– The borrower fails to maintain the property. The lender may call the loan due in this situation, in which case the property can be foreclosed.
Every reverse mortgage contract is slightly different, but they all favor the rights of the lender, not the borrower. They are highly risky, deceptively complex and dangerous for all but the most financially savvy.
These risks were lost on thousands of unwary homeowners who took out reverse mortgages for everything from funding retirement to taking an extended vacation, to paying for a home purchase for their own grown children. Hundreds of thousands of reverse mortgages have ended in foreclosures around the country, but you won’t see that advertised on your local television channel. The heaviest tolls for failed reverse mortgages have been shouldered by those who can least bear it; urban blue collar workers who found themselves unable to make ends meet in retirement and turned to reverse mortgages in desperation. They didn’t just lose their only asset; they lost their dignity and the very roof over their heads.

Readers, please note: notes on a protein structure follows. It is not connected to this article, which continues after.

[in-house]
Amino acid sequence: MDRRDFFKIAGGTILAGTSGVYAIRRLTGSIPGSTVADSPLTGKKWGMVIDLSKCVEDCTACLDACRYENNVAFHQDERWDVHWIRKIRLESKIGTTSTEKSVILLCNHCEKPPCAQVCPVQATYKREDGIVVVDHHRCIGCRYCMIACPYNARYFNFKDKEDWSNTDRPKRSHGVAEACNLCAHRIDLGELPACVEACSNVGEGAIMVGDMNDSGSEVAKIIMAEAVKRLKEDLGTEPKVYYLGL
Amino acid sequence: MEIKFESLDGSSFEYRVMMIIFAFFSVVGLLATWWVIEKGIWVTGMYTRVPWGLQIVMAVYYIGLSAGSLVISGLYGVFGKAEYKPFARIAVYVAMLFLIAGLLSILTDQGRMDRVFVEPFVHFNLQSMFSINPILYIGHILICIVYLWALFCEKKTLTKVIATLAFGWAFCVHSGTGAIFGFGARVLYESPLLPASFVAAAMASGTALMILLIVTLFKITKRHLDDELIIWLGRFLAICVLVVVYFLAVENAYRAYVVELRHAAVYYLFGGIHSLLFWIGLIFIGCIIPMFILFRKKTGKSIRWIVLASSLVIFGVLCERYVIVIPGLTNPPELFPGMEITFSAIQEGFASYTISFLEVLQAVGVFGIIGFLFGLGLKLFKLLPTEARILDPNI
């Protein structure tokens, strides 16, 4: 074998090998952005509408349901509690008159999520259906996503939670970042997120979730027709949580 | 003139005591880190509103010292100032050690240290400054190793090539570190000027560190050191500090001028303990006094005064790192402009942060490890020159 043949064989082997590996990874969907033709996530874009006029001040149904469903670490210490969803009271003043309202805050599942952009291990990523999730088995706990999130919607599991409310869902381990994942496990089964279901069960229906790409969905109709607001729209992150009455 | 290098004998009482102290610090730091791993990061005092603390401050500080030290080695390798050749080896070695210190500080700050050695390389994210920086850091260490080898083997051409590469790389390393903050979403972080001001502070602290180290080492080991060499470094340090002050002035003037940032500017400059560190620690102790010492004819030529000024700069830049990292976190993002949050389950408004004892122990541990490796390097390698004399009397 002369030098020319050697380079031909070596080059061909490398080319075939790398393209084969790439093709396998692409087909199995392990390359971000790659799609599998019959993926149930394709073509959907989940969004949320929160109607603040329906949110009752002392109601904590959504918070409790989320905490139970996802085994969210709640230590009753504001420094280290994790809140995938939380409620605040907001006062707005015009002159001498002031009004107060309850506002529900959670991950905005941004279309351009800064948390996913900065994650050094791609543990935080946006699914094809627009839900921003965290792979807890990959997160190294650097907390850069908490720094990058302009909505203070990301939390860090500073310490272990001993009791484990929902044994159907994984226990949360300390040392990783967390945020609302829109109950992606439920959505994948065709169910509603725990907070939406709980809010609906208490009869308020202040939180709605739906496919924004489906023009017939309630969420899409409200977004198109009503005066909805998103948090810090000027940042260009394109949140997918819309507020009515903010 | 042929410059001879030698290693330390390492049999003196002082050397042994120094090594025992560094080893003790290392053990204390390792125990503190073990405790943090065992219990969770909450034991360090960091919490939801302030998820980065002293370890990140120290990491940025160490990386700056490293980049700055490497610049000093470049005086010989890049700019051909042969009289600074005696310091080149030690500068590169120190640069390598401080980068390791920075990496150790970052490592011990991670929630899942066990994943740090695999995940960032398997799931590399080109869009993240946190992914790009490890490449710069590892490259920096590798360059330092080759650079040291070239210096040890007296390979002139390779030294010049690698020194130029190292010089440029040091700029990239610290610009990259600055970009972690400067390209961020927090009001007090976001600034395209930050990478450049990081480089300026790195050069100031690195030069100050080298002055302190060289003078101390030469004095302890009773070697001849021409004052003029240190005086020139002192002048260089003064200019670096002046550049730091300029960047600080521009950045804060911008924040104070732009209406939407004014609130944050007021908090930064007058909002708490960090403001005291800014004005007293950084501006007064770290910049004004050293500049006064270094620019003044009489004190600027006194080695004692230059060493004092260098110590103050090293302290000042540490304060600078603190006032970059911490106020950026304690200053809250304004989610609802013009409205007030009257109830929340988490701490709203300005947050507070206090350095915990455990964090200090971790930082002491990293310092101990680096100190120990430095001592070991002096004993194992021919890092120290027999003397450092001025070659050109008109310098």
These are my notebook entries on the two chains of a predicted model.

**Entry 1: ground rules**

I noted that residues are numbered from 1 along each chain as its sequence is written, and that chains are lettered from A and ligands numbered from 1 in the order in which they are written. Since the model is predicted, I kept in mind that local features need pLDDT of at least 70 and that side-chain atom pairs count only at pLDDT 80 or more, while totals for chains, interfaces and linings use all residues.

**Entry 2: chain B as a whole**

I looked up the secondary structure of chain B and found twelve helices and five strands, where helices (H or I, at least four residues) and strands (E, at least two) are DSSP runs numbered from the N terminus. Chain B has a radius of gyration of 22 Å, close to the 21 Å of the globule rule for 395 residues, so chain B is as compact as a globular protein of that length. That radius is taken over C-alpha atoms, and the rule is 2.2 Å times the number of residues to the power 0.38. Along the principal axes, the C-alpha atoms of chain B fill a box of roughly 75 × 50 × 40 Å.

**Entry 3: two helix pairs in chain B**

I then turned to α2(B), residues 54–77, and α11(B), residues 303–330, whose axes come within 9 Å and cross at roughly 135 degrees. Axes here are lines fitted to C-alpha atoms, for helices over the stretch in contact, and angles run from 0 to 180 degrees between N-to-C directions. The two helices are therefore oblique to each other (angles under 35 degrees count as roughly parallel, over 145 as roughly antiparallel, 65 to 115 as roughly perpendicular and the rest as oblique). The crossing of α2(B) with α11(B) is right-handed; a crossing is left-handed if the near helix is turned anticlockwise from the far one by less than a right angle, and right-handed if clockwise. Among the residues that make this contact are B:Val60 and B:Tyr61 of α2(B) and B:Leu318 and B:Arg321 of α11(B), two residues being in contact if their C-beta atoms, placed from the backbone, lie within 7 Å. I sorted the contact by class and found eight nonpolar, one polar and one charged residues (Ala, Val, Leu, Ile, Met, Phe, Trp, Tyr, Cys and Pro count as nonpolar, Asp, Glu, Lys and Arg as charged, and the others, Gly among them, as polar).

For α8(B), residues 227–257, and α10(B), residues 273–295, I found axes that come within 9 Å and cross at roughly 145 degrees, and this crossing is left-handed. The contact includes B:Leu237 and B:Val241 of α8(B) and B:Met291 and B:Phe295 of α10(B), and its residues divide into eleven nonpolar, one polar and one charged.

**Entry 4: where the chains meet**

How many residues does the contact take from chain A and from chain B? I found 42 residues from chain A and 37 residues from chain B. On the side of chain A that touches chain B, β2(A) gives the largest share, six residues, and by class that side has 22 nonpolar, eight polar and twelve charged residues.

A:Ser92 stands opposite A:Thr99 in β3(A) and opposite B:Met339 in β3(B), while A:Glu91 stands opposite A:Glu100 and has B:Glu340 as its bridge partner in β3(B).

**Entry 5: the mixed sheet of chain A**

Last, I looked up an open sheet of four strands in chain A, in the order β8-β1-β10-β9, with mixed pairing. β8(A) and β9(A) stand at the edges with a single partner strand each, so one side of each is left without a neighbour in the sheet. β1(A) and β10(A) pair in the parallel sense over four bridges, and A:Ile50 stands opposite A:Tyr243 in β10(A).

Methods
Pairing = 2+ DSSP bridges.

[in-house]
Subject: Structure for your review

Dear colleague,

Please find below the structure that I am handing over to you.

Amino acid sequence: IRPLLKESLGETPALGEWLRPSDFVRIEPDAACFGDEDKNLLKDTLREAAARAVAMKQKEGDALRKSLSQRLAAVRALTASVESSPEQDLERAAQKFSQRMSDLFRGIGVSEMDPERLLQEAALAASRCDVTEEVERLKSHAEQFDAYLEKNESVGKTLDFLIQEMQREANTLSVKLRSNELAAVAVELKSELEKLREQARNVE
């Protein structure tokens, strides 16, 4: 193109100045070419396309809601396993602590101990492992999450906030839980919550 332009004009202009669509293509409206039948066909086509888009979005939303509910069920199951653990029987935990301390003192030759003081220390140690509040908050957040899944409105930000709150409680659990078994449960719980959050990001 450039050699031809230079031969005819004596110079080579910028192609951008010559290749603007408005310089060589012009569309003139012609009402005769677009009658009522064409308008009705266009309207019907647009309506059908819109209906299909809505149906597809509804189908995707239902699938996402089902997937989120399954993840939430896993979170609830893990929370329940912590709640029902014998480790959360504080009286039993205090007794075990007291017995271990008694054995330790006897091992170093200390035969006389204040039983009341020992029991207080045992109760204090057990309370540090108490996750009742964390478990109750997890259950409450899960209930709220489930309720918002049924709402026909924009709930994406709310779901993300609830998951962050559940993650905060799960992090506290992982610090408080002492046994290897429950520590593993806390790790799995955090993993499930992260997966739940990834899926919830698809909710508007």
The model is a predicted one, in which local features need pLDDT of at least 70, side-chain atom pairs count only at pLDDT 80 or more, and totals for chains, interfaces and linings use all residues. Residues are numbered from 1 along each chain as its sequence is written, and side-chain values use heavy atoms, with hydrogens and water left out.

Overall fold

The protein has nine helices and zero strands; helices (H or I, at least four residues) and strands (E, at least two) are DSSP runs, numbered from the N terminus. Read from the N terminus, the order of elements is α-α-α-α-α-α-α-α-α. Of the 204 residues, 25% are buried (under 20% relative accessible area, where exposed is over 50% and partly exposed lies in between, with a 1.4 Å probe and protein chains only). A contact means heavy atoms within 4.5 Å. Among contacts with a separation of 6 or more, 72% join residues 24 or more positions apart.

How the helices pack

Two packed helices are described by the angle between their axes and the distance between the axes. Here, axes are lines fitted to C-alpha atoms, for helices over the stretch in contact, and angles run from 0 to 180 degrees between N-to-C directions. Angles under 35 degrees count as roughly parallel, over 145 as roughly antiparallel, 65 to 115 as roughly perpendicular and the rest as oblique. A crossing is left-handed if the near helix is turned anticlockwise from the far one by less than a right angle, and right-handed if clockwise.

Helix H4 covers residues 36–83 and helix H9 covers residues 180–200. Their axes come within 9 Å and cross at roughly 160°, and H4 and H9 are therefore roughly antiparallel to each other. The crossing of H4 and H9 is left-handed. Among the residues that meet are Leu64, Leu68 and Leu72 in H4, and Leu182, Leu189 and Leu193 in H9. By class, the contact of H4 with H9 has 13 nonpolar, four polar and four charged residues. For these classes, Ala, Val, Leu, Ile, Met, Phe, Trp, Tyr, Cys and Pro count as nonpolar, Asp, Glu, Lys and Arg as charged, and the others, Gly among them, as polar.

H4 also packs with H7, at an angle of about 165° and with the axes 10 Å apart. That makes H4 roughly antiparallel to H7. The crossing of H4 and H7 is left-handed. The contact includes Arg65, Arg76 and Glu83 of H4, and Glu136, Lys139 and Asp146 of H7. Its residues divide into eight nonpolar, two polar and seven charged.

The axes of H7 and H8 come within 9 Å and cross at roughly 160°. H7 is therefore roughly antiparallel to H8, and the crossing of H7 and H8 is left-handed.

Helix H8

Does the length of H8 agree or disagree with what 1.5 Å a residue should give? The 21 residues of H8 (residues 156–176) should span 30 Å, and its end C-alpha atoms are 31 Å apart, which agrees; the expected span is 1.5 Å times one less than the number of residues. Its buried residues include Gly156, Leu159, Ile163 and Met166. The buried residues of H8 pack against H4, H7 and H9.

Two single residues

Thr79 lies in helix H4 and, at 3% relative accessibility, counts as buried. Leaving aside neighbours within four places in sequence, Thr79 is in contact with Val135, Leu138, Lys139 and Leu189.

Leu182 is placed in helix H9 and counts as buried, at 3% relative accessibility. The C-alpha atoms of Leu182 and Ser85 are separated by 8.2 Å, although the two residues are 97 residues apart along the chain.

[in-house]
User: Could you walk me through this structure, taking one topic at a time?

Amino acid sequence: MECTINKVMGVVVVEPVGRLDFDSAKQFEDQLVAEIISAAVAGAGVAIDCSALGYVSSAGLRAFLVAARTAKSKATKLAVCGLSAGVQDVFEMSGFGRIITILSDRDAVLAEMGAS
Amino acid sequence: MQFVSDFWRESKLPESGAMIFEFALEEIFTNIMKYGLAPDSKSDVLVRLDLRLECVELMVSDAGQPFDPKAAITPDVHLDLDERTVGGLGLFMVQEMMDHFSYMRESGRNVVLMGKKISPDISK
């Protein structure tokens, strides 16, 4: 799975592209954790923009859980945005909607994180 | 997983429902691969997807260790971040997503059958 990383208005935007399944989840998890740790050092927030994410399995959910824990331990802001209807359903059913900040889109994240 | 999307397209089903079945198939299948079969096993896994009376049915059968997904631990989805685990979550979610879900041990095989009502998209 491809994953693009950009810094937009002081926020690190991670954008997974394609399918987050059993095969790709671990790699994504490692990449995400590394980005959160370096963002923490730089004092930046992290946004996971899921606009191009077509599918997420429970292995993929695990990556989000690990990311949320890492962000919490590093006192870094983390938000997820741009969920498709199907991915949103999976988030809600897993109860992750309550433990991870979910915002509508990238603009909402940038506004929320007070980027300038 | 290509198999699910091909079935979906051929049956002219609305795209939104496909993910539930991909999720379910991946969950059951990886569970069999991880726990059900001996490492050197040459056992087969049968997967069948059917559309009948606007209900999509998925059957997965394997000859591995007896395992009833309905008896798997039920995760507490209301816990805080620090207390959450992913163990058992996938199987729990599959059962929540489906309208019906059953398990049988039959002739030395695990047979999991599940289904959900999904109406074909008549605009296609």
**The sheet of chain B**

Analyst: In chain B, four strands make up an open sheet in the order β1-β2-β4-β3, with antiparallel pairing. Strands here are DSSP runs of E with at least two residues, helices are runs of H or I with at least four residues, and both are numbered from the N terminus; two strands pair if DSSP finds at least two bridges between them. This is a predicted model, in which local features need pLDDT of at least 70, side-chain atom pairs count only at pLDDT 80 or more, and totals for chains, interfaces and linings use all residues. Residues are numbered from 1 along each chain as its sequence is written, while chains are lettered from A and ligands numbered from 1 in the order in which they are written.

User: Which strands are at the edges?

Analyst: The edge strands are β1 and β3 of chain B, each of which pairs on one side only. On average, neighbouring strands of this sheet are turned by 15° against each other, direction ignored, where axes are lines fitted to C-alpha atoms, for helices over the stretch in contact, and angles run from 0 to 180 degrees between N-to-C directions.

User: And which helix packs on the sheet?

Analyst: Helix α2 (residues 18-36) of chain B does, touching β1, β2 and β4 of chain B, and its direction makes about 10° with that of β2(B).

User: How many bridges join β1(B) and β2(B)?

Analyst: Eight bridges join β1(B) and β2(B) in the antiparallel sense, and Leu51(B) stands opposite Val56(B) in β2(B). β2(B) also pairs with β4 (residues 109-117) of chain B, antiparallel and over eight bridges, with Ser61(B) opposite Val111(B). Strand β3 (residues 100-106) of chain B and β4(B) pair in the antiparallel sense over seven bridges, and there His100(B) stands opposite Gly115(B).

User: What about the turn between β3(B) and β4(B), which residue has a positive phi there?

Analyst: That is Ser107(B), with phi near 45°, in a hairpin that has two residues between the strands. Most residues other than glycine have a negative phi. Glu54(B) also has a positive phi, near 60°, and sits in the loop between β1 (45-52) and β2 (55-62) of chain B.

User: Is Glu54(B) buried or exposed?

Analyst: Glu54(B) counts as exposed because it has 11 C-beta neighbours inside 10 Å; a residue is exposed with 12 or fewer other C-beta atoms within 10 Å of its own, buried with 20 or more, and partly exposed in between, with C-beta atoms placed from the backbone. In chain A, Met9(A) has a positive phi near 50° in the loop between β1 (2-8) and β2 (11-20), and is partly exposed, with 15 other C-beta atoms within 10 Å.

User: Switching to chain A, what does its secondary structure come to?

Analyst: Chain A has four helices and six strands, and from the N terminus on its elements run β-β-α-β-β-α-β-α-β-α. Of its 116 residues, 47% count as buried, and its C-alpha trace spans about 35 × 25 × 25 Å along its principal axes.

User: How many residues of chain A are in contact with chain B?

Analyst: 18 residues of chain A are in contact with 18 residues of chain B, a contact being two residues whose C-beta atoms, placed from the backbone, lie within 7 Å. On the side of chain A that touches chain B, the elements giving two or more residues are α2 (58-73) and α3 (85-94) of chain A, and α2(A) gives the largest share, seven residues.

Selling Your House For A Lump Sum
If you are at the door of retirement you may find yourself with no other option than to sell your home and get a lump sum amount of money. Ideally, you want to think about your situation as early as you can so you have as many options as possible. Once you sell your house and get that lump sum, how can you make best use of it to earn passive income?
Annuities are heavily advertised as a means for passive income in retirement. Annuities shift your cash balance to an insurance company. Essentially, you’re buying an insurance product that underwhelms. Annuities have high entry fees and offer very low returns hovering around 2% and 3%, assuming a survivorship plan and payments adjusted to the cost of living.
Another popular idea is the retirement fund withdrawal plan. This advocates investing your money into a low risk, low yield vehicle and only withdrawing the gains, or about 2-3% of capital. For example, if you have $1 million, you’d withdraw 20,000 a year. Of course, this isn’t much to live on and the withdrawal schedule doesn’t even keep up with inflation. Practically speaking, you’d need to eat into the principal to get the income you need, which ultimately inhibits your future interest earning power.
What Lies Ahead in Retirement?